men in the '.lest as I talked to a lot. In March 1933 right after the President went 
into office I was approaced by two men stating they were the Representatives of 
an eastern new organization to be calle^American Fascist Veterans Association 
and that they had plenty of money to start” the Western drive if I would be their 
Leader in Nevada. I introduced them to our then Legion Commander Ray Allen, and 
they had quite a program to offer us if we would joip their ranks. 

They told us the second time we met them that Louie Johnson who was then 
National Commander of the Legion was one of their Leaders in the South and General 
Butler would line up the Marines also that the Veterans of Foreign Wars 
Department heads were all members in the middle West they were getting very strong 
and that the Republican National Committeeman was treasurer. I told them that it 
sounded like a Communist idea to me but they said no ti was to make our 
government a new party of equal rights $o all and put our President out of office 
and put in Fice Dictators I suppose Republicans. I did not want to lose ny job so 
I did not report them as you know this is a Republican Contractors J 0 b ana the 
Six Company were strong for Hoover. I would be glad to go to Washington and 
testify before any committee as I feel all good Americans should tell all they 
know about tnis organization and as I just started on a months leave of absence 
I could go by plane or any way yoy say to Washington. I was very glaa that the 
voters of good old Boston sent you back to Congress and that Jim Curley is now 
Governor of Massachusetts. 

Trust ing ~then~tb~ hear~fronr y o u-soe^an d - hn-pl ng the "M r a. and: you are in the* very 
best of health 

Your Friend, 

. Pete 





r * . 


- • f • w. ;J, 

‘ " . • : ' ■ V ■• ■'• * V -' •* 


£3 ''• •'.?; y”; : >£%; £ ';> 


Bay 16, 13» 

i’ Jm*> . 3 s£/ 0 )' m *r 

agpM«xm tor the assist*** ao the mown 8 bbmi, 

MR. fILLi* STAglH . 

Far your information thew la tranaaltted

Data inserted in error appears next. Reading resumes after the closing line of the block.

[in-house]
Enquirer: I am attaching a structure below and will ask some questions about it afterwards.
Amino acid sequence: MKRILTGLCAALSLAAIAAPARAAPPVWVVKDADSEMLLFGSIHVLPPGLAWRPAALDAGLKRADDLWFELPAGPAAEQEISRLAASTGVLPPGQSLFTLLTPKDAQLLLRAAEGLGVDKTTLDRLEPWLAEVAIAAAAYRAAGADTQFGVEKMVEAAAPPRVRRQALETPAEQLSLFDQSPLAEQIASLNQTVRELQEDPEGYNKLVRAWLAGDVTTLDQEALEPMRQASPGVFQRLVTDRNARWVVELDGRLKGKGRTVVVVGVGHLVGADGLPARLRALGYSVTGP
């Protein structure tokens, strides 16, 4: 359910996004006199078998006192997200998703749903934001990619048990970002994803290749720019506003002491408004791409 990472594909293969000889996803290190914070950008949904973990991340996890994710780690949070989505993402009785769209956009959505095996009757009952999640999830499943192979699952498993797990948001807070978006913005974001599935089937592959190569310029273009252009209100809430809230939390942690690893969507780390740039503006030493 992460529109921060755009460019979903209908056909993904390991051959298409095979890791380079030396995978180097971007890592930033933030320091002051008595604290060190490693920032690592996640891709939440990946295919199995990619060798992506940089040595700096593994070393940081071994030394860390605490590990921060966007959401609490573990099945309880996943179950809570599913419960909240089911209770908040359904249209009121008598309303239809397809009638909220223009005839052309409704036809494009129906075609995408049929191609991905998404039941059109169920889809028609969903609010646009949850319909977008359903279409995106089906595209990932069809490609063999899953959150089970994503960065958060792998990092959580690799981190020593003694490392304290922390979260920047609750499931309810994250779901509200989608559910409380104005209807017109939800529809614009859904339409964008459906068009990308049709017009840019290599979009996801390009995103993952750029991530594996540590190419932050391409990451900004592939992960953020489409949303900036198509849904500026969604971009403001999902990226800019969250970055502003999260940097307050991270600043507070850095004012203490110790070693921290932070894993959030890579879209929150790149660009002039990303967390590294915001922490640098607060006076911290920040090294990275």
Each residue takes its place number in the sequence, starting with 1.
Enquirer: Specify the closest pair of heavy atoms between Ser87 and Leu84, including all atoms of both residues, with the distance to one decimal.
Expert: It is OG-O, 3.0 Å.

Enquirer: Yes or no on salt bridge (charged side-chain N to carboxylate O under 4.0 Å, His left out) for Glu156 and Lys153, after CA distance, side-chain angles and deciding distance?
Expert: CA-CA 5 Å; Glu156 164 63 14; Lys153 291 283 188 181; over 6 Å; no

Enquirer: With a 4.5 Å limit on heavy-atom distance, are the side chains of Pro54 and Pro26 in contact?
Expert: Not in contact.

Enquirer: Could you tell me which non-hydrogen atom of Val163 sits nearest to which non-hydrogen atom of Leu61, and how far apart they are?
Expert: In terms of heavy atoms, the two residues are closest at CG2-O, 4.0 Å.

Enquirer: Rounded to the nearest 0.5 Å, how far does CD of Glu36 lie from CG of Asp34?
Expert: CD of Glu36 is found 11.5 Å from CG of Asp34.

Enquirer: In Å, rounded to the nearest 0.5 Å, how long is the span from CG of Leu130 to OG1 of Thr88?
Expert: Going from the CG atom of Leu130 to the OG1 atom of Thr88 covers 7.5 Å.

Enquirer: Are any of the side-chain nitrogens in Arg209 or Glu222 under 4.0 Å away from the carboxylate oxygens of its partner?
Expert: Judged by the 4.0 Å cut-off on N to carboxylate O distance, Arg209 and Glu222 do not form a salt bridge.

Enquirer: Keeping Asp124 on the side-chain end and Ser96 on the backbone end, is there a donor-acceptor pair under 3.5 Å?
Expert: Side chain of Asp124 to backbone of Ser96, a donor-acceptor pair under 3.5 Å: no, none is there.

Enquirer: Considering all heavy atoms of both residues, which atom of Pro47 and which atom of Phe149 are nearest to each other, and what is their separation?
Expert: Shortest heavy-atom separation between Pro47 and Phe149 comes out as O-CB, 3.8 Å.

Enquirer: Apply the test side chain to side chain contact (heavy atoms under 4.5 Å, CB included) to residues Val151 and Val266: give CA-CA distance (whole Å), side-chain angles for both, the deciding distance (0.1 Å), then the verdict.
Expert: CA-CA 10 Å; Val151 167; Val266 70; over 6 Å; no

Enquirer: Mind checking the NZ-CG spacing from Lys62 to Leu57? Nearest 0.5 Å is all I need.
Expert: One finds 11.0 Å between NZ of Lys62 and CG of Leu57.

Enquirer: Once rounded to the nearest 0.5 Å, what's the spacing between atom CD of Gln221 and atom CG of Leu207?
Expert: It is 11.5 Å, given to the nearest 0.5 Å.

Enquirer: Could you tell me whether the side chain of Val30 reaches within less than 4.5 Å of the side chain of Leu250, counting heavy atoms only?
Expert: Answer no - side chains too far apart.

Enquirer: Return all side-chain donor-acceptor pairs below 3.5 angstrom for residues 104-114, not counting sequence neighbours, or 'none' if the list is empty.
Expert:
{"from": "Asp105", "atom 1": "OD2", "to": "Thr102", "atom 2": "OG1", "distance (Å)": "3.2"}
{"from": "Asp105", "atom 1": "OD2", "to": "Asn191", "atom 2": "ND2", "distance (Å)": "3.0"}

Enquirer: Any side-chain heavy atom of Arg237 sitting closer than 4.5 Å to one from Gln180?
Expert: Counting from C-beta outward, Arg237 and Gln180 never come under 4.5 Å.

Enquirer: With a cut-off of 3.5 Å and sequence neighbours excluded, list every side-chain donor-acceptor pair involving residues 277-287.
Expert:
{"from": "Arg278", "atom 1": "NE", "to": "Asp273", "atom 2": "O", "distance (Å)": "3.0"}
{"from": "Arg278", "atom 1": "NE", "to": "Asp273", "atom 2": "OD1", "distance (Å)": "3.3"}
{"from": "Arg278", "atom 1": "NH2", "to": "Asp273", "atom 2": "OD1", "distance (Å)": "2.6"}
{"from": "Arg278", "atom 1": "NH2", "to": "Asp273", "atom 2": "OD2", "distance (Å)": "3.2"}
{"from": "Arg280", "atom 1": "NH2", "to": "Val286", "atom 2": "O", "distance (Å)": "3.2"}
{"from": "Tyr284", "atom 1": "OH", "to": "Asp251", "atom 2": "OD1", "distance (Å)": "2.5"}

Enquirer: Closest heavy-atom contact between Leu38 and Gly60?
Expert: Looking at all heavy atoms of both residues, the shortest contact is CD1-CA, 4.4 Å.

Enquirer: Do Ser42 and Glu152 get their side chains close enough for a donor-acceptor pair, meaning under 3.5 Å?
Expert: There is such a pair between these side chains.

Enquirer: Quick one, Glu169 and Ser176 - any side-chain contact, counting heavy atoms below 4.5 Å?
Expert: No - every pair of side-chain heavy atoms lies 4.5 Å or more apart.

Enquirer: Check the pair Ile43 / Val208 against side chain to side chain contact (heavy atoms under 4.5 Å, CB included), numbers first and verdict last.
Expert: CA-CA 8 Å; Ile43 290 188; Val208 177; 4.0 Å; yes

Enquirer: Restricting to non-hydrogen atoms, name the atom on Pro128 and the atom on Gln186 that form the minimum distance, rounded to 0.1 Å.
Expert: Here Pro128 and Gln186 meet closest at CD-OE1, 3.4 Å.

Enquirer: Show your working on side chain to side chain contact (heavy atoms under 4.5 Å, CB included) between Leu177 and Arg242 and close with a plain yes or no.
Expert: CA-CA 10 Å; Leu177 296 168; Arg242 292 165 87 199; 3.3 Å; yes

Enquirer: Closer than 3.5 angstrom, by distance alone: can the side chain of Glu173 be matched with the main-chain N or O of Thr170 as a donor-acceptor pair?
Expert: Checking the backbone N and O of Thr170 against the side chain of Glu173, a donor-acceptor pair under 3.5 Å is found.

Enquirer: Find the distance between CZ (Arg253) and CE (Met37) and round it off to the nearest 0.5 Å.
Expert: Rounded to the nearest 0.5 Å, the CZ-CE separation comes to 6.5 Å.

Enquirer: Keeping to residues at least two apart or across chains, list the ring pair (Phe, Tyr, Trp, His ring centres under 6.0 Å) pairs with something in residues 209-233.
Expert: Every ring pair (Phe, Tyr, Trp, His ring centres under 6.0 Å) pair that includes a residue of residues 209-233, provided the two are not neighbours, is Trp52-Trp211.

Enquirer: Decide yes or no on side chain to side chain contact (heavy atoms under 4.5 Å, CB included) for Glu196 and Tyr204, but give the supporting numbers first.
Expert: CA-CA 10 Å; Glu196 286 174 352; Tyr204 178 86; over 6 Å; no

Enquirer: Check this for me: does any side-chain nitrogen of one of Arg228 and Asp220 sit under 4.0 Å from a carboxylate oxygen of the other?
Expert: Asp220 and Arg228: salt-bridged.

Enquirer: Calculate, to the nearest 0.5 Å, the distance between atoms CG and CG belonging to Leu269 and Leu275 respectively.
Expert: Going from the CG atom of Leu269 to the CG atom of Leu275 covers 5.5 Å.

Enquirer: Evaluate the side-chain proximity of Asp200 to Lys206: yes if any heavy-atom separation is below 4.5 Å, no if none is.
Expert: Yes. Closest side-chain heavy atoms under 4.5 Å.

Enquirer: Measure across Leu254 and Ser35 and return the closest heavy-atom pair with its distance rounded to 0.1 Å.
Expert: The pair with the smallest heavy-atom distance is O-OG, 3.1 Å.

hurevith a oopgr of a latter addressed to the President 
of the United States by Mr. E. C. Rodwiok, dated at 
Benta Barters, California, March 18, 1938, relative to 
the findings of the Dickstein Congressional Investigating 
Caasittoe. This letter was referred to ae for appropriate 
attention* Bo investigation is being aade 4s to the 
allegations contained in the hatter. 

Very truly yours. 

John Edgar Hoover* 
Siree tor. 

Xnclosure Bo* 839086 


Attorney General. 

Mr. McMahon 

Solicitor General. 

Mr. Boyd. 

Asst, to the Attorney General 

Mr. Gardner. 

Asst. Attorney General Keenan. 

Mr. Caldwell. 

Asst. Attorney General Sweeney. 

Mr. Sornborger 

Asst, Attorney General Stephens. 

Mr. Moore. 

Asst. Attorney General Wideman. 

Mr. Holland 

Asst, Attorney General Blair... 

Miss Watkins 

Asst, Solicitor General.. 

Mr> Kearney. 

Mr. Stewart 

. Kidd. 

Mr. Hoover. 

Miss Waddle 

Mr. Bates 

Mr. Ford. 

Mr* Beardslee. 

Miss Fitzgerald. 

Mr. Lawrence. 

Mrs. Wade 

Mr. Smith - A.P.C.. 

Miss Biggs. 

Mr. Tolson. 

Miss Windsor 

\ k . 

//j it % eJtzj ' cam 

' ^ % V Saif^Barbara, Cai'iffr njA, 

Mar oh 18th, 1935* f ' 

• ! Pranklin D. tfossevelt, 

! \ 

+■ ■ » v. 

^President of the Halted States, 

• ■ V 

Washington, D*C* 

My dear Presidents 

c-- - 

I h^ve long hesitated "before deciding to write to you regarding the 
| Piolsstein Congressional Investigating Committee whose mission was, to seoure evidence 
I concerning a conspiracy to seized the U.S. Government "by a Fascist group, to he l.ied- 1 - 
i by General Sm&dley Butler at the head of 500,000 men* 

l Thinking that you were familiar with the Committee's findings in which 

I suppressed evidence was unconpl iment ary to yourself, ns^ expected in die time you would 
I inform the public that you still believe in it and intended to support origans! American 
■ ideals and fairplay* 

According to the ’Hew Masses**, Jan* 29th and Feb* 5th, the Investigating 
Committee traced the conspiracy to financial leaders of Wall street and far that reason 

the Committee suppressed its most vital findings • 1)3 ball 

findings suppressed - two of which involve the President* 

a few of ■Che fourteen 

1st - " She Dichstein Committee refuses to explain why it suppressed 
evidence of fascist organizations and of fascist movements*"